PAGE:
The custom-built shed came to the winning bidder at Lehigh Valley Habitat for Humanity’s fundraising auction and was built by seven high school-aged girls who were advanced campers at this summer’s camp. The camp, which exposes girls to the building industry, is sponsored each year by ATAS International of Allentown, so the shed, of course, featured an ATAS metal roof.

Kevin Klersy and Tim Coughlan of ATAS’ technical services and inside technical sales departments helped with the installation of ATAS’ standing seam metal roof panels and trims.

A retractable awning was constructed with the same roof panels, which covers an opening on one side of the shed.  It has a bar on the outside, under which stools can be placed, and a countertop on the inside of the bar area.

The overall design process was guided by architect Samantha Ciotti Falcone, owner of SCF Architecture.

Volunteers from the local construction community provided instruction and helped the girls build the shed.

Let’s Build is a free week-long camp designed for high school age girls to explore construction trades, architecture, engineering, and construction materials manufacturing through hands-on experiences. ​ This was the first year for an advanced camp.

Jon Lattin, president of the Greater Lehigh Valley Chapter of CSI, and Kristen Fallon, regional vice president of member services of Eastern PA ABC, helped create and organize each year’s efforts for the annual camp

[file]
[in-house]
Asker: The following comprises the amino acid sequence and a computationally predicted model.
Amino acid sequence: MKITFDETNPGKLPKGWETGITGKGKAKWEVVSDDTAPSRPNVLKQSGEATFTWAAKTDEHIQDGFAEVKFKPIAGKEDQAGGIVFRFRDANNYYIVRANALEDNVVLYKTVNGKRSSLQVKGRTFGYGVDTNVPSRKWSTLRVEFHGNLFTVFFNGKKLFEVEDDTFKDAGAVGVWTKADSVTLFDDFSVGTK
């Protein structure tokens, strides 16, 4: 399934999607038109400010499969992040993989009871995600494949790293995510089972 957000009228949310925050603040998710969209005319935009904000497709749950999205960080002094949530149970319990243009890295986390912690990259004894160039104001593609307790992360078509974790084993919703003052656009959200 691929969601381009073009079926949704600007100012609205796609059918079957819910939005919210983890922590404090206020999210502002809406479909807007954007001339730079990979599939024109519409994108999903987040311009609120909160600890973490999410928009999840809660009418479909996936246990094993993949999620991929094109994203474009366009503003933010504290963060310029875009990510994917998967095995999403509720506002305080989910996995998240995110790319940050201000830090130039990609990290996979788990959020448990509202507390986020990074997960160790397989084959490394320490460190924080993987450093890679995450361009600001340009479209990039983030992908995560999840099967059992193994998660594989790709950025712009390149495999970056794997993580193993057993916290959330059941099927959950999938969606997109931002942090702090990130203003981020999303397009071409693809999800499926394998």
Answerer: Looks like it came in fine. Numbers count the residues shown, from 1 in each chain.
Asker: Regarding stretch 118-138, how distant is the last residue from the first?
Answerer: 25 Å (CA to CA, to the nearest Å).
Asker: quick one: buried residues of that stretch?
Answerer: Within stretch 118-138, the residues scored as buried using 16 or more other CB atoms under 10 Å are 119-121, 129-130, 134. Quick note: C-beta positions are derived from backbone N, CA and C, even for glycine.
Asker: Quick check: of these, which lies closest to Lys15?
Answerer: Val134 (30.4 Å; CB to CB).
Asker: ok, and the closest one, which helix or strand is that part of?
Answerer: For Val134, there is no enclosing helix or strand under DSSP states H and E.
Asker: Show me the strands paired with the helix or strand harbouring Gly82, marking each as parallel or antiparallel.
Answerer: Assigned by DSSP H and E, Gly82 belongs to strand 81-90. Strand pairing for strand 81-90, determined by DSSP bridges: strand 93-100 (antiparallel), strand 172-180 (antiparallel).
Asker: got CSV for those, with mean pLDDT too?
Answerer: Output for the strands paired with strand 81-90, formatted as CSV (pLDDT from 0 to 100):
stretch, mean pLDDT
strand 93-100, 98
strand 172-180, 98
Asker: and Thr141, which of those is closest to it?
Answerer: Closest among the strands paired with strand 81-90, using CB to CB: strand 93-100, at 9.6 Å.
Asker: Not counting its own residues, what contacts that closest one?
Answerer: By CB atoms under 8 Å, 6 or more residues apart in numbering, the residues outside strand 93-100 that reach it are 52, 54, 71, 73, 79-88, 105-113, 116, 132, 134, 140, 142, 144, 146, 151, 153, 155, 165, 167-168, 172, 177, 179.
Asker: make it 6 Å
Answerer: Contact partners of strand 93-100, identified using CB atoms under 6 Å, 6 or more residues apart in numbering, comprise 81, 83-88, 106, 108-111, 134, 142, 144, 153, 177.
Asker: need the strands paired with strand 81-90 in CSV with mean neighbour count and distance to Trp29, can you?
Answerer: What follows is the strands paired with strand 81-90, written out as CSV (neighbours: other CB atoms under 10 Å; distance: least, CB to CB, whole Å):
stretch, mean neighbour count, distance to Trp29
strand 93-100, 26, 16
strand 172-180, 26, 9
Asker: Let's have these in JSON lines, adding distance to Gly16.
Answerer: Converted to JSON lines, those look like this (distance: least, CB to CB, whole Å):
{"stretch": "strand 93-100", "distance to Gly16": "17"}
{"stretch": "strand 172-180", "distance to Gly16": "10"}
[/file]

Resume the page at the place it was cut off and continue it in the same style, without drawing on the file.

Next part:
Eight affordable homes to be built in East Side Allentown

Eight twin homes are being built on the 600 block of Tacoma Street in Allentown. Rendering by Rob Williams

Habitat for Humanity of the Lehigh Valley is breaking ground next week on a new eight-home construction project in East Allentown.

Feb. 19, Habitat construction staff, core construction volunteers, corporate volunteer groups and future homeowners will begin work on the project to build eight twin homes on the 600 block of Tacoma Street.

Habitat home buyers work with Habitat Lehigh Valley to complete a minimum of 250 sweat-equity hours on their home and neighbors’ homes as part of their agreement.

They are then offered an affordable no-interest mortgage on the property. The home buyers need to meet financial guidelines.

The housing project is being sponsored by Thrivent Financial, Santander Bank, The Harry C. Trexler Trust, the Lehigh County Affordable Housing Trust Fund and the City of Allentown HOME funds.

The project is expected to take about two years.